Useful services also offer part-time jobs
Two new businesses have come to the region that might appeal to you as a potential customer — or as a potential employee. Their services are aimed at those who are seeking certain kinds of practical help to enable them to remain in their neighborhoods as they age.
One of them spins off a very basic household chore: doing the laundry. Are you the kind of person who hates doing laundry? Would you pay $1 per pound (with a $20 minimum) to have your dirty laundry picked up from your front door and returned, cleaned and folded, 24 hours later?
Or are you a person who actually enjoys doing laundry and wouldn’t mind doing it for others if you earned $.75/pound (averaging $15 to $20/hour) as a side gig?
Enter SudShare, a fast-growing national company founded in Baltimore that serves the entire metropolitan area (along with more than 300 other cities throughout the country).
SudShare does for laundry what Uber did for transportation: provide a quick and convenient solution to a common consumer problem, while giving ordinary individuals the opportunity to make money working flexible hours, using items they already possess (a car, in Uber’s case; a washer-and-dryer, for SudShare).
Their workers, called “sudsters,” use their own washer and dryer (which may not have been intended for heavy use) and are required to use certain detergents and follow customer instructions (such as air drying, using softener, or hanging rather than folding). And, of course, they must commit to getting the job done and returned within 24 hours.
Would you be a good “nabor”?
Another company with a similar approach but different service has also recently come to the area (Montgomery County, Maryland so far).
Naborforce matches up adults (they call “nabors”) “with free time and a desire to connect with others” with those who want some companionship, help with errands, transportation to appointments, help with meal preparation and the like.
The services provided are similar to those offered by non-medical homecare companies, but are provided by people who live nearby and can be arranged for as little as one hour at a time.
Currently, the cost of a nabor starts at $33/hour ($38 after 6 p.m. or on weekends), but there are prepaid packages that provide up to a 20% discount off those rates. Those who provide the services earn $19/hour ($24 after 6 p.m. or on weekends).
Naborforce currently has around 45 vetted nabors in this area and is looking to double that. The way Christy MacCormack, who runs Naborforce’s Bethesda office, puts it: “We’re looking for people with extra time, volunteer hearts, who want to give back (but don’t mind making side income doing so).”
Built around smartphone apps
Both services were developed around smartphone apps that, like Uber’s, connect people desiring services with those in the area who are available to provide them.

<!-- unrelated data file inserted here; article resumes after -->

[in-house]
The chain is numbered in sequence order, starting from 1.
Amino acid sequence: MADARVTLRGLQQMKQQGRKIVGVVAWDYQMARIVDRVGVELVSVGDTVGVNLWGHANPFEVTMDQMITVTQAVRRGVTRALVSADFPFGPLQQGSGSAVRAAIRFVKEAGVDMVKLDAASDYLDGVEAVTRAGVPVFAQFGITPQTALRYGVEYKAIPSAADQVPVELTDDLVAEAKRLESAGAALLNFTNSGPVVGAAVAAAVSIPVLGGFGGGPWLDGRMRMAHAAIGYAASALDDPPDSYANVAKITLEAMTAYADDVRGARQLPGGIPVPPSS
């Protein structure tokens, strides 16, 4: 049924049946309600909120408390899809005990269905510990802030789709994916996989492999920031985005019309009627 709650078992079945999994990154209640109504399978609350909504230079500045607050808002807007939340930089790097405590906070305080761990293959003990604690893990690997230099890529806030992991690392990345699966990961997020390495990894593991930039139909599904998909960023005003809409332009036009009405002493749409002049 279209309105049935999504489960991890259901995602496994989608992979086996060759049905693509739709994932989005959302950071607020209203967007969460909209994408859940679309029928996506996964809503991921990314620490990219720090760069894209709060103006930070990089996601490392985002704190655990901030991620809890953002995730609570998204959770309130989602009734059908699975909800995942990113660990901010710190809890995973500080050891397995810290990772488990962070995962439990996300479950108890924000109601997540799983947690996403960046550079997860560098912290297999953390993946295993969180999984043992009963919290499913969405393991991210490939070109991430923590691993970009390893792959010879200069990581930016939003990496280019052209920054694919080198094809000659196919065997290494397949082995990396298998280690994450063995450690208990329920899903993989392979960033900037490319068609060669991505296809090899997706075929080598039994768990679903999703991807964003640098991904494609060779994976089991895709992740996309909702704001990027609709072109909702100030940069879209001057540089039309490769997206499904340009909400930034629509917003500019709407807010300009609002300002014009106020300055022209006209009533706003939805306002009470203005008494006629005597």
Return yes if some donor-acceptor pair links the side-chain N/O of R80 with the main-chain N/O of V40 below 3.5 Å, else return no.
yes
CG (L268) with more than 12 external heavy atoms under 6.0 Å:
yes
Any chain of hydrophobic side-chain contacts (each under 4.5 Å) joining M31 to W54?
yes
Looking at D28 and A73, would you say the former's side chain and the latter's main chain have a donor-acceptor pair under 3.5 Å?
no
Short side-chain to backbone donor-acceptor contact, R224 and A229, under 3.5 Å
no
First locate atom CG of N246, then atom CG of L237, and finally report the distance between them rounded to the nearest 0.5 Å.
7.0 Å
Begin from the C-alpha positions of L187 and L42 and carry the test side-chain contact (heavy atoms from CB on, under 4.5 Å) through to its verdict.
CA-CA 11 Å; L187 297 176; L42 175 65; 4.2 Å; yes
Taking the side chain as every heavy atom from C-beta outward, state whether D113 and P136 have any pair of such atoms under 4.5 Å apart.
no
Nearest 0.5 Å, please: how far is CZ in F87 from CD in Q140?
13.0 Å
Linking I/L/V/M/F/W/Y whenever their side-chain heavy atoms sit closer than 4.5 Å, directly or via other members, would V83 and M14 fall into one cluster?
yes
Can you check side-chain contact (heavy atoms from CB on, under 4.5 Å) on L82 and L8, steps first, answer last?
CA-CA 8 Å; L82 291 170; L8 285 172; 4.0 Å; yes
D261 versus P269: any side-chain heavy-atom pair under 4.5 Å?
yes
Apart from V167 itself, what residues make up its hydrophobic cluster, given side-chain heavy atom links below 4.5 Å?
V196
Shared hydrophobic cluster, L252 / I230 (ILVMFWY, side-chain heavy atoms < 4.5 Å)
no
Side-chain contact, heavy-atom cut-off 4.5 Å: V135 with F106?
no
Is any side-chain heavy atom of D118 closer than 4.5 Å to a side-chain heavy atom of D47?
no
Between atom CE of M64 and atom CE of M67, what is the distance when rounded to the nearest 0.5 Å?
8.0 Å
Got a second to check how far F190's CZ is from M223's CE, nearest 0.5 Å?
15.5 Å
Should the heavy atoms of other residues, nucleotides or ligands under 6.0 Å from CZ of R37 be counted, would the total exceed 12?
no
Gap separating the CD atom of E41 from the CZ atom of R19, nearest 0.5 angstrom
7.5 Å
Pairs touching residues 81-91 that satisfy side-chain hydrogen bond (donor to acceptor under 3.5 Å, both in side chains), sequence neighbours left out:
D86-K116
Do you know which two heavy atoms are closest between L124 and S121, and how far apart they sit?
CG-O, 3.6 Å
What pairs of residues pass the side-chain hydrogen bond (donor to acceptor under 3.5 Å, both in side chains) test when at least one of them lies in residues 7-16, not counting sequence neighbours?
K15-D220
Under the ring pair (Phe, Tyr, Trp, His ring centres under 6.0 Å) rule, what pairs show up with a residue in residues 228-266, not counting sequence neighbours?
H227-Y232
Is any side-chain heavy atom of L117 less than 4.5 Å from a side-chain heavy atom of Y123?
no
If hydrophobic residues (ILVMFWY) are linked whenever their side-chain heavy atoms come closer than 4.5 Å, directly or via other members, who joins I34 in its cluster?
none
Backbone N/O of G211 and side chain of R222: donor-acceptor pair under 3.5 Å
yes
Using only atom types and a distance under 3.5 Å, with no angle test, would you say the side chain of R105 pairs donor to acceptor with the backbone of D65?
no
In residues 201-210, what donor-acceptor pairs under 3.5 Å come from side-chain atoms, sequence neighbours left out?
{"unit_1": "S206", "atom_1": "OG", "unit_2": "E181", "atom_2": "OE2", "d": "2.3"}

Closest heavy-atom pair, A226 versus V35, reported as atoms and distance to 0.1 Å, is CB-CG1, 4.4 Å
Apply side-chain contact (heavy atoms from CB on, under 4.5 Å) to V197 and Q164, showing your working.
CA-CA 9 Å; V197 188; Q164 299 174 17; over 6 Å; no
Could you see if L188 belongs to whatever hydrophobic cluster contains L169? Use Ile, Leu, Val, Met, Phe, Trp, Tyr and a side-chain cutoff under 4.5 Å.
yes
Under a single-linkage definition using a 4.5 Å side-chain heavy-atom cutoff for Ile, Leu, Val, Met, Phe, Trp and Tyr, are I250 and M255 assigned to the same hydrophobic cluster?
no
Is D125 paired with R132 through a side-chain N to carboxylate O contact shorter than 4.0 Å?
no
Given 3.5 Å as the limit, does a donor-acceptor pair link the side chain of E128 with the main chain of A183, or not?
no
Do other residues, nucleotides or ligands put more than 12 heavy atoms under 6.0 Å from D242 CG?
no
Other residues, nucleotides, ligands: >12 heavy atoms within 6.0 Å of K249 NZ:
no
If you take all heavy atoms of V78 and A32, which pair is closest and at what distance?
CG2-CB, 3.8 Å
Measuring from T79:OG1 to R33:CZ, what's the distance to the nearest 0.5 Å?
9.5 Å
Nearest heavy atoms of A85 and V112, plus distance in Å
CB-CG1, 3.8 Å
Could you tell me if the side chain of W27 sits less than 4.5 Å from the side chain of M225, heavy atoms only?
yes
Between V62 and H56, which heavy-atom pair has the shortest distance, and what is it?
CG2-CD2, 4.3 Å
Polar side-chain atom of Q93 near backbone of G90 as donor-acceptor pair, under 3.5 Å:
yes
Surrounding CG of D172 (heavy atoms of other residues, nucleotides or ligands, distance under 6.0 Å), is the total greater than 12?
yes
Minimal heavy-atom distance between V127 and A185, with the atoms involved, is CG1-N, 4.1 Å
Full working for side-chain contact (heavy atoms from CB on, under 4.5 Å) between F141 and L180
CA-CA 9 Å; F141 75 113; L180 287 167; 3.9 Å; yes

For example, sudsters use the app to decide whether to accept or decline a nearby request for pick-up, keeping in mind that those who more readily accept new jobs are also more likely to be offered more such jobs.
Unlike Uber, the match isn’t instantaneous. With Naborforce, you need to request service at least 24 hours in advance in order to give the system time to inform potential nabors of the job and allow one of them to accept it.
With SudShare, it may also take a few hours before a sudster accepts your order and comes by to pick it up. But in both companies, providers and orderers can communicate directly through the app.
What if you don’t have a smartphone? SudShare offers a toll-free “senior hotline” to enable ordering by landline phone, and Naborforce also allows you to use a landline to place a request.
But both sudsters and nabors absolutely need a smartphone, as it’s through the apps that they get requests to provide service and confirm appointments.
One of the top sudsters (revenue wise) in this area is Madina Abdoul Aziz, of Alexandria, Virginia: “I am a mom of two sons…I have a job and needed extra income, so my mom and I decided to work together. She doesn’t drive, so she only folds after washing, and I take care of the [pick-up], labeling, the packaging and the delivery,” she said.
Aziz has developed relationships with a number of repeat customers who ask for her specifically. Tips from happy customers are part of what make the gig work for her.
One of those, David Morrison of Arlington, Virginia, said, “Living in a condo without my own washer and dryer, laundry day was very inefficient. Being able to reliably send out my laundry and get it back well done is extremely helpful.”
To get started as a customer, visit SudShare.com to sign up, or call their “senior hotline” at 1-833-783-7427.
Interested in becoming a sudster? Go to the website and click “join the team.” Once you register, take a 10-minute orientation and “in-app training,” and you’ll be in the system.
To become a customer of Naborforce, visit Naborforce.com and enter your Zip code to see if there are nabors available near you. Or call them at (301) 960-5500. You can create an account online or over the phone as well.
To become a nabor yourself, click “become a nabor” and complete the online application. You will need to submit to background and reference checks and have a valid driver’s license and clean driving record.